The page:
In another work related piece readers are given advice on securing internships to help them explore interest in a particular future career. Advice is given on how to find an internship and get your application noticed.  A 17-year-old who has a part-time job as an automotive mechanic is interviewed and a list of jobs likely to be in high demand in future are provided. Related is ‘The smart girl’s guide to making goals’ – how to achieve something by the end of the month, end of the year and in a few years. ‘Shy girls’ makeover’ helps girls recognise the qualities of being an introvert. “To sit back and get the feel of a group, to listen first and then speak, these are very valuable skills”, says Dr Elizabeth Seeley-Wait. ‘Wish you were here’ gives advice on planning for schoolies and how to avoid some of the pitfalls. Was good to see mention of a volunteer stint in rural Thailand. (Other ideas for a fulfilling schoolies can be found in a piece I wrote).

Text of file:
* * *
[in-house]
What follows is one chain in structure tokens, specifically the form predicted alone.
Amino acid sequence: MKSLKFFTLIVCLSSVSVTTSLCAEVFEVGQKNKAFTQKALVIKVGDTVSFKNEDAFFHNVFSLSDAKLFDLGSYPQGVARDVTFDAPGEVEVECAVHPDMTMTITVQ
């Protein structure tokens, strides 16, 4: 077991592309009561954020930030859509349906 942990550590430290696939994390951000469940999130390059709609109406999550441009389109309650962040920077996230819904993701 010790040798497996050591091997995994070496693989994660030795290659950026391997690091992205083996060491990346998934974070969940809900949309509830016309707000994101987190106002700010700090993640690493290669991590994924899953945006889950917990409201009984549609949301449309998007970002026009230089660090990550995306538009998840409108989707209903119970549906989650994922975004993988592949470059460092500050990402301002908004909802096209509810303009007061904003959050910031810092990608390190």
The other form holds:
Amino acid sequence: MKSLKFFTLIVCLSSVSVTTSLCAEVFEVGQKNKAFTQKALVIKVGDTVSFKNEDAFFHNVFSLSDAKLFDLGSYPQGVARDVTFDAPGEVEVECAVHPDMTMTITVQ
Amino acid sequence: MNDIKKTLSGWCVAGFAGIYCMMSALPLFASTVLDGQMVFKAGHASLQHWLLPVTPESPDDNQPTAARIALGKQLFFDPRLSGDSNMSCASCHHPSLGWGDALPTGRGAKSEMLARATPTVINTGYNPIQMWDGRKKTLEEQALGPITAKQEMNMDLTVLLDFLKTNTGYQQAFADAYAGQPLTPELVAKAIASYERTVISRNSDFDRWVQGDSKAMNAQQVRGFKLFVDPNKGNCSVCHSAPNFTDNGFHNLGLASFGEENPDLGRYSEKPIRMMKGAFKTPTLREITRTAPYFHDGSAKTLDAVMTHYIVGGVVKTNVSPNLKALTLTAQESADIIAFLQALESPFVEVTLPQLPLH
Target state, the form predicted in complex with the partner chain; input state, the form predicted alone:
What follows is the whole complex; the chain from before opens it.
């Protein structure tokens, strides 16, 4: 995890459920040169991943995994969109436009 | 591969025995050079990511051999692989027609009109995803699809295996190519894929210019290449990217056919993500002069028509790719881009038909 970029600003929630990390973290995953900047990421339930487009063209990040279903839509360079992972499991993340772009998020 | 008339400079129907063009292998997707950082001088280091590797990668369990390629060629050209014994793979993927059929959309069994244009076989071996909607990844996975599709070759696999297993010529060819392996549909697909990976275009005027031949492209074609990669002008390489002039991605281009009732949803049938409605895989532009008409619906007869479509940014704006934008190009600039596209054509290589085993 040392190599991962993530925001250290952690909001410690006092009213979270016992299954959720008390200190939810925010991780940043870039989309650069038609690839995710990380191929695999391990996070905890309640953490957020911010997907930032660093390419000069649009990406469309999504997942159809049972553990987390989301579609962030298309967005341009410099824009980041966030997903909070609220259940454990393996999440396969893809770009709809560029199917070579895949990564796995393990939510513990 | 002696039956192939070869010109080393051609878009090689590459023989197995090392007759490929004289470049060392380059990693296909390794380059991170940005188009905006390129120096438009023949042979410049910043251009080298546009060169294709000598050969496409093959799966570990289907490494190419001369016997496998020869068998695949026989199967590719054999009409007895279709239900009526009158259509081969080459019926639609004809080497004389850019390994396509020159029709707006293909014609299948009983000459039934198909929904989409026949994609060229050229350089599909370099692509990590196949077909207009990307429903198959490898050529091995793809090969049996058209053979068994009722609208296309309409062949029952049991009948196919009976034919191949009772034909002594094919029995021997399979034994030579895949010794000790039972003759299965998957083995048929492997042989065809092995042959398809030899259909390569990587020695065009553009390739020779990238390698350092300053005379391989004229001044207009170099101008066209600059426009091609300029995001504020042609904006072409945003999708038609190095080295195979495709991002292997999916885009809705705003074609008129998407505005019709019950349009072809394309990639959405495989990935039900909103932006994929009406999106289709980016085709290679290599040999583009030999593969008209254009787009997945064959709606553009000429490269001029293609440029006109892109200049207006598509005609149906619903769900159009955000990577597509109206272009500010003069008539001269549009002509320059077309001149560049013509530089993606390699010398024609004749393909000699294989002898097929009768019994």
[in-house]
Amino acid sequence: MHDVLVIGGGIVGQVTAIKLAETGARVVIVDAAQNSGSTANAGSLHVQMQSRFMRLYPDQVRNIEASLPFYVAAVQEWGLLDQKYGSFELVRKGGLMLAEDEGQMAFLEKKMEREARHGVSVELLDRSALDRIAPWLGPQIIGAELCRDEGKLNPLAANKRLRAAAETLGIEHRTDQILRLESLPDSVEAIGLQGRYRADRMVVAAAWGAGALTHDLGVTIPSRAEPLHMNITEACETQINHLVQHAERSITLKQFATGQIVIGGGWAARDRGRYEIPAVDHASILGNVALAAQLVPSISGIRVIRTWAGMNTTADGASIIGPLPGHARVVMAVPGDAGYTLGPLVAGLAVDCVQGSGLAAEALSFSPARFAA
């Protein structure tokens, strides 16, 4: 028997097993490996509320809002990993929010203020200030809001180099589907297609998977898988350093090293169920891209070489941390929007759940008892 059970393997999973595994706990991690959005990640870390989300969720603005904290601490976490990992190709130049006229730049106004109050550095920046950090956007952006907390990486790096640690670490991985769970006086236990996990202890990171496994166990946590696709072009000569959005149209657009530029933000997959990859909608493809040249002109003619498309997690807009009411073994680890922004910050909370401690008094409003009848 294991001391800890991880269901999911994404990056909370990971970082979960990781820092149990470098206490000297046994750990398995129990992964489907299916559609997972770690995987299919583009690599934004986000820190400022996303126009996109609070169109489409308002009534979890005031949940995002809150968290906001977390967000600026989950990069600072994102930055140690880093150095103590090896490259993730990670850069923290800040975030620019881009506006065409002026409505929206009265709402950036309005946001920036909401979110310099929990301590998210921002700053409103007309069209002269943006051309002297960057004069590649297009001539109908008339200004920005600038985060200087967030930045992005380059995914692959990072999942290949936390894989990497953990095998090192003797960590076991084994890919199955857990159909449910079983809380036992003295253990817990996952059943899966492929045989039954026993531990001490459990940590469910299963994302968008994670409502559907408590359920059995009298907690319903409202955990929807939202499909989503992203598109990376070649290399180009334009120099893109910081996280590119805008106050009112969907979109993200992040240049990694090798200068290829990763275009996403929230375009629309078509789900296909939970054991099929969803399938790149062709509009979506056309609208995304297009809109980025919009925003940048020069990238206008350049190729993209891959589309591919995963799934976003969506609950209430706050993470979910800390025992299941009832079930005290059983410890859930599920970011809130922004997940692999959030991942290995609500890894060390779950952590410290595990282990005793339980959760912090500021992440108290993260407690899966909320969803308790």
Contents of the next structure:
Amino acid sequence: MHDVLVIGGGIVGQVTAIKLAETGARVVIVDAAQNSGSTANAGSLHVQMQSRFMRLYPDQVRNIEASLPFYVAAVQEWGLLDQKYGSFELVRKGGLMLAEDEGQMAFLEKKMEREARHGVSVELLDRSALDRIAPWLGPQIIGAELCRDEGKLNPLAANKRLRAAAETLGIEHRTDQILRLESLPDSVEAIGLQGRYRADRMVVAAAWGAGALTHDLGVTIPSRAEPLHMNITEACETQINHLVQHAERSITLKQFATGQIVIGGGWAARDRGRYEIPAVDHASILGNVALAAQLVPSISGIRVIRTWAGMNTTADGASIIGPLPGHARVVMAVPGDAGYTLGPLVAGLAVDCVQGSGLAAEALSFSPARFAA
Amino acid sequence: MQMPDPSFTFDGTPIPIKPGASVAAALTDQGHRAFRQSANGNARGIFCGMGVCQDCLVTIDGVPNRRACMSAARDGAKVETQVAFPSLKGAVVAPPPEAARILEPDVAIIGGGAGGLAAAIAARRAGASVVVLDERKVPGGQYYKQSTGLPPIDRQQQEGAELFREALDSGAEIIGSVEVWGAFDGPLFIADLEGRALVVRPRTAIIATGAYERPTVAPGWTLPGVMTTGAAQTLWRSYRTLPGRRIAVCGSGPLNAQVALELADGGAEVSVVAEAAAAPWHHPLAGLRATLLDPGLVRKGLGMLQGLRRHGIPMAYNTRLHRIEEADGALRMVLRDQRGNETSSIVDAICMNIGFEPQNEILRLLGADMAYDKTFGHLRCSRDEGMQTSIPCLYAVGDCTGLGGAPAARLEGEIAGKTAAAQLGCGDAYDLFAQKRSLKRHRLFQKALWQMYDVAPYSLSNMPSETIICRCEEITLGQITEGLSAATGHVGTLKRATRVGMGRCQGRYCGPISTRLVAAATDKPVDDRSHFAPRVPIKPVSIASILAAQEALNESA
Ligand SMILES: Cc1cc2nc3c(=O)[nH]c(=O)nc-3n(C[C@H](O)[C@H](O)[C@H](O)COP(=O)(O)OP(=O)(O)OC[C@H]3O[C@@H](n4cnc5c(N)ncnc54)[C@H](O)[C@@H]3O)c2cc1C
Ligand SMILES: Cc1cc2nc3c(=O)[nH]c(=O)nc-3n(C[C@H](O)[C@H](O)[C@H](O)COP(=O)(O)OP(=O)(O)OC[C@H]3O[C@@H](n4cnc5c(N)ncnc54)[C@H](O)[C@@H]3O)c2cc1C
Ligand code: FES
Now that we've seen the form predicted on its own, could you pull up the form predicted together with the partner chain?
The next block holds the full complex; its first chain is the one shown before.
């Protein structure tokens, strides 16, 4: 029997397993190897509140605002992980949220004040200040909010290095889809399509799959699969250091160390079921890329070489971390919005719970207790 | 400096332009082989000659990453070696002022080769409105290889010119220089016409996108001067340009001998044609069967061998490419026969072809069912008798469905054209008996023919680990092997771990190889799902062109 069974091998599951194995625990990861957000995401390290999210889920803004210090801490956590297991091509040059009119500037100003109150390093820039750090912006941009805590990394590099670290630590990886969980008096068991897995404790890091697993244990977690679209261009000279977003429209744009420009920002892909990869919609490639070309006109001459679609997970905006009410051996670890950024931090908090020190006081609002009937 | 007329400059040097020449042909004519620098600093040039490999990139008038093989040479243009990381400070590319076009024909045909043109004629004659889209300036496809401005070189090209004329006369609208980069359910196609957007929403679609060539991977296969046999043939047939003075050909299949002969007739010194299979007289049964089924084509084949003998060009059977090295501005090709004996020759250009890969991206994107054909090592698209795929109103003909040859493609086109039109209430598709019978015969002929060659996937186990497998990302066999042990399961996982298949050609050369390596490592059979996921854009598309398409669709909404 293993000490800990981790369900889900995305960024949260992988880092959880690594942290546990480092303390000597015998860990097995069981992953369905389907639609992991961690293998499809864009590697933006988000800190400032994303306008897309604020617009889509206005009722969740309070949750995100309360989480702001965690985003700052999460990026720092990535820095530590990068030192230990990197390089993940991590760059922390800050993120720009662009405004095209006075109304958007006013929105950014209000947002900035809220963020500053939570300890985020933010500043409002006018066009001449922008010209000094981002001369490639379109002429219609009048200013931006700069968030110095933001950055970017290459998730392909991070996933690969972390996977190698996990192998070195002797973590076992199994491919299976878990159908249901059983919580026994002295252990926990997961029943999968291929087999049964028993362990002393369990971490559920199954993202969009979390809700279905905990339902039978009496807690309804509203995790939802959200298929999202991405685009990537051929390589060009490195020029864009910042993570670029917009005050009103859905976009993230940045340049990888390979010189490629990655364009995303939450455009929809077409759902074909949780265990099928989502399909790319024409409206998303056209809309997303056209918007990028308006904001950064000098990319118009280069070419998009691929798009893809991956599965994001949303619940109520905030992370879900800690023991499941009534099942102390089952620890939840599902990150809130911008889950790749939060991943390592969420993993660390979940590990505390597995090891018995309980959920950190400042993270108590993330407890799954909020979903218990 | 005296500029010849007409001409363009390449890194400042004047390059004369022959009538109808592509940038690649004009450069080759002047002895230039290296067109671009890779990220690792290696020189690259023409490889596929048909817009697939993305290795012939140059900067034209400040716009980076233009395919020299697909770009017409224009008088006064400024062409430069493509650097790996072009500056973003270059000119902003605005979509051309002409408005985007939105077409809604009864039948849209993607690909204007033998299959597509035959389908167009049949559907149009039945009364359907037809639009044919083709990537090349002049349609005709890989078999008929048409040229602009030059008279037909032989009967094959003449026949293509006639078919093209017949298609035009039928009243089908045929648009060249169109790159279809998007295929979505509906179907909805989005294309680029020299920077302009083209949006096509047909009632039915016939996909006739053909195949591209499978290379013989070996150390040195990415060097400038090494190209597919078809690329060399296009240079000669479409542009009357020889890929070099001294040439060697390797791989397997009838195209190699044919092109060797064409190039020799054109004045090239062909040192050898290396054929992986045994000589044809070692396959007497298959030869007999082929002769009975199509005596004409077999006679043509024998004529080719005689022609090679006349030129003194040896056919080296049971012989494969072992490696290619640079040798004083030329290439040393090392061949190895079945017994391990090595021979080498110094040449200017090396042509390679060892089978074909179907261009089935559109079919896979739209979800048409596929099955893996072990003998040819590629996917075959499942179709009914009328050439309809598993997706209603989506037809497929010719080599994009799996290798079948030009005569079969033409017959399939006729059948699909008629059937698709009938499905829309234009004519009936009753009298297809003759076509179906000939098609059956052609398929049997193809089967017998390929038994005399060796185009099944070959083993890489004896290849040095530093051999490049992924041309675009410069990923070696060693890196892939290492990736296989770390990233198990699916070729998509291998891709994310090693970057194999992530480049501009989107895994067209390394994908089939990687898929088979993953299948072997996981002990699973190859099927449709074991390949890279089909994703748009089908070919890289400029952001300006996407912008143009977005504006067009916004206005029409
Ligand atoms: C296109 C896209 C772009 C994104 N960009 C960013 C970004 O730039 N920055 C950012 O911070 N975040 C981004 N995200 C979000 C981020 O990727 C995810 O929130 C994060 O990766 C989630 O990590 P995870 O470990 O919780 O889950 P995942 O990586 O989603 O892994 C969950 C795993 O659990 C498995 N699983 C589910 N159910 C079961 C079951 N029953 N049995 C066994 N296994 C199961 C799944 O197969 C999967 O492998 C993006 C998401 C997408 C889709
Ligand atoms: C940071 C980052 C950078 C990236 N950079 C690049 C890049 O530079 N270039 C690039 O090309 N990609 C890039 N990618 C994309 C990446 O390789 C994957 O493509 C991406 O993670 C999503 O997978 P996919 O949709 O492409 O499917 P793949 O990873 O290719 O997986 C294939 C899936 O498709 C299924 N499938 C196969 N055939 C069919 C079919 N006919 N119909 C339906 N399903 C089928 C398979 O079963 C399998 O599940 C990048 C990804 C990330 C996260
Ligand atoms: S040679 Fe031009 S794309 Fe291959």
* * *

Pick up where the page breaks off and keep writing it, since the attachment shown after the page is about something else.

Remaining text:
Another important piece, this time on inappropriate teacher/student relationships and why they are illegal. Says psychologist Gemma Cribb: “Usually the teacher is much older or is in a position of power or control over the student, so the relationship can never be a fair one where the student can speak freely without any inhibition or fear of rejection”.  Consequences are listed: isolation, school grade suspicion, broken trust, tarnished reputation, legal ramifications. Rachel gives a personal account of losing her virginity to a teacher when she was 17, saying he took advantage of a lonely girl.